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A person known as Jack of all trades is defined as:

competent in many skills, but not necessarily outstanding in any particular one

How do you call (if it exists) a person like that in German?

11 Answers 11

13

In a business environment competent colleagues are sometimes called

„Allrounder“.

This term is quite popular in this context, as many job listings suggest.

Sometimes people competent in many skills are referred to as

„Allzweckwaffe“ (universal weapon, e.g. „Er/Sie ist unsere Allzweckwaffe.“),

especially when it comes to sports.

An old-fashioned word is

„Tausendkünstler“.

Duden - Das Herkunftswörterbuch (2nd ed.) points towards an origin in the 16th century with the meaning „skilled in many arts“ and then sometimes used to refer to the devil himself.

You could also use

„Alleskönner“

or

„Tausendsassa“

where the latter IMHO has a certain infantile aspect and thus seems more appropriate for skilled children („Er/Sie ist ein kleiner Tausendsassa.“)

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    @Mawg: As a native German speaker, I have never heard of the restriction to use Alleskönner or Tausendsassa only with respect to children. – O. R. Mapper Jul 3 '15 at 7:12
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    As a native german I can say the best sounding word for "Jack of all trades" is Tausendsassa : Der ist ein echter Tausendsassa meaning "He is a guy who has so many talents, you almost believe he can do anything" – Falco Jul 3 '15 at 8:03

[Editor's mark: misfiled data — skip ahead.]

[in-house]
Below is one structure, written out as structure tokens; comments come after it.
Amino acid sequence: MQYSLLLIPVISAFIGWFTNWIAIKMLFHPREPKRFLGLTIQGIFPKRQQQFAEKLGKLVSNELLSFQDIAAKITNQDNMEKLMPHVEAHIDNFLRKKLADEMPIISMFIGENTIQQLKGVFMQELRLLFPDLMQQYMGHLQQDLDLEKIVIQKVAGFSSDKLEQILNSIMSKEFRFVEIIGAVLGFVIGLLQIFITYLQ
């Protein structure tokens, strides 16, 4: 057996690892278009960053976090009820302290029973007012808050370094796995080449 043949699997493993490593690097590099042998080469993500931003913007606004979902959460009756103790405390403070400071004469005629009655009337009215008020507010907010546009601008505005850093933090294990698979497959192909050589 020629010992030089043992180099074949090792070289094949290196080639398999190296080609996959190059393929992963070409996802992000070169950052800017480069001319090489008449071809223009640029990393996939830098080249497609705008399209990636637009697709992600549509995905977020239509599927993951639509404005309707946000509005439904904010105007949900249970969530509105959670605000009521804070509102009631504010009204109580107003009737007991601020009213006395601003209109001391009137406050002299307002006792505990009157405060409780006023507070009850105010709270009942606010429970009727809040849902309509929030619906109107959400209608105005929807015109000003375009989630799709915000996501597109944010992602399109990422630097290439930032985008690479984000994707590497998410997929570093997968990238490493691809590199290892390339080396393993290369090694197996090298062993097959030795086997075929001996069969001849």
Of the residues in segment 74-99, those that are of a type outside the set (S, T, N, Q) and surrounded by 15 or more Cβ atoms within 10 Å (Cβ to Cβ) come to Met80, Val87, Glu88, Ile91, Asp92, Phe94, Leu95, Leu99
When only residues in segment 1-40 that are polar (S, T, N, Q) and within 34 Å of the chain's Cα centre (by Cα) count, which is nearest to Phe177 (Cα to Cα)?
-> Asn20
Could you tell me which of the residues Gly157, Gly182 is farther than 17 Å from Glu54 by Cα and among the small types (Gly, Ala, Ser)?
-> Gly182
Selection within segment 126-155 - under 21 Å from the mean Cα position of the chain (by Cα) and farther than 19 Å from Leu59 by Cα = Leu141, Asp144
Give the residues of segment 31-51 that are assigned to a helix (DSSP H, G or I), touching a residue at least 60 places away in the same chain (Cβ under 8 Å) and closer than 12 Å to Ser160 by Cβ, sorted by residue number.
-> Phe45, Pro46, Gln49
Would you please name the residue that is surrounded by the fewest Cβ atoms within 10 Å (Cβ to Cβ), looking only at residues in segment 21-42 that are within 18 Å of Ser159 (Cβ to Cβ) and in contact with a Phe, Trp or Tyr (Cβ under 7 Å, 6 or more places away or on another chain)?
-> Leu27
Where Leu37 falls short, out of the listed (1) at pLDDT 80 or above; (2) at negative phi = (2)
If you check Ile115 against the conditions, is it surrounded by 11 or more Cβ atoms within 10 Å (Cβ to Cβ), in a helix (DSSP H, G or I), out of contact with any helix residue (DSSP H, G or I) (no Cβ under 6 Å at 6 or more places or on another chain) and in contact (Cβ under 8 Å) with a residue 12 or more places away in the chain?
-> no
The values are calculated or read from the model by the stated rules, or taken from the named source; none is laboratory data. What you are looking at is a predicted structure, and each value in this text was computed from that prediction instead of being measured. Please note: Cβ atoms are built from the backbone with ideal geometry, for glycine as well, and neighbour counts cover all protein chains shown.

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    @O.R.Mapper Me neither. There's no real reason to limit this to children. Esp. "Alleskönner". – Thorsten Dittmar Jul 3 '15 at 8:20
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    "Tausendsassa" seems nice because it has a little old-fashioned and poetic air (to me); that may fit better with Jack-of-all-trades than the mundane "Alleskönner". – Peter - Reinstate Monica Jul 3 '15 at 11:45
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    I am a native German speaker but would rather bite my tongue than use the term „Allzweckwaffe“ - a very militaristic, aggressive term. Also, never heard the term "Tausendkünstler" in my live. Must be a northern German thing. "Tausendsassa" is a good one. – Erwin Brandstetter Jul 3 '15 at 23:28
13

It will depend. Let's not forget, the full expression usually is

Jack of all trades, master of none

There is no single expression to convey this exact meaning in German. "Hansdampf in allen Gassen" was mentioned already, depending on context one might also use Allrounder, Generalist, Universalist, Alleskönner, Tausendsassa or Mädchen für alles. None of these expressions has the slightly condescending meaning ("master of none") of the English original, though.

Wikipedia suggests ...

Kenner allen Handwerks – und Meister von keinem.

... but I'm not really sure about that.

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    Mädchen für Alles ist jemand, der alle mögliche (einfache) Arbeit machen muss; das hat nichts mit Alleskönner zu tun. Eher im Gegenteil, das Mädchen für alles kann nichts (wichtiges) gut genug, deshalb bleibt die ungeliebte Arbeit hängen. – Robert Jul 2 '15 at 18:55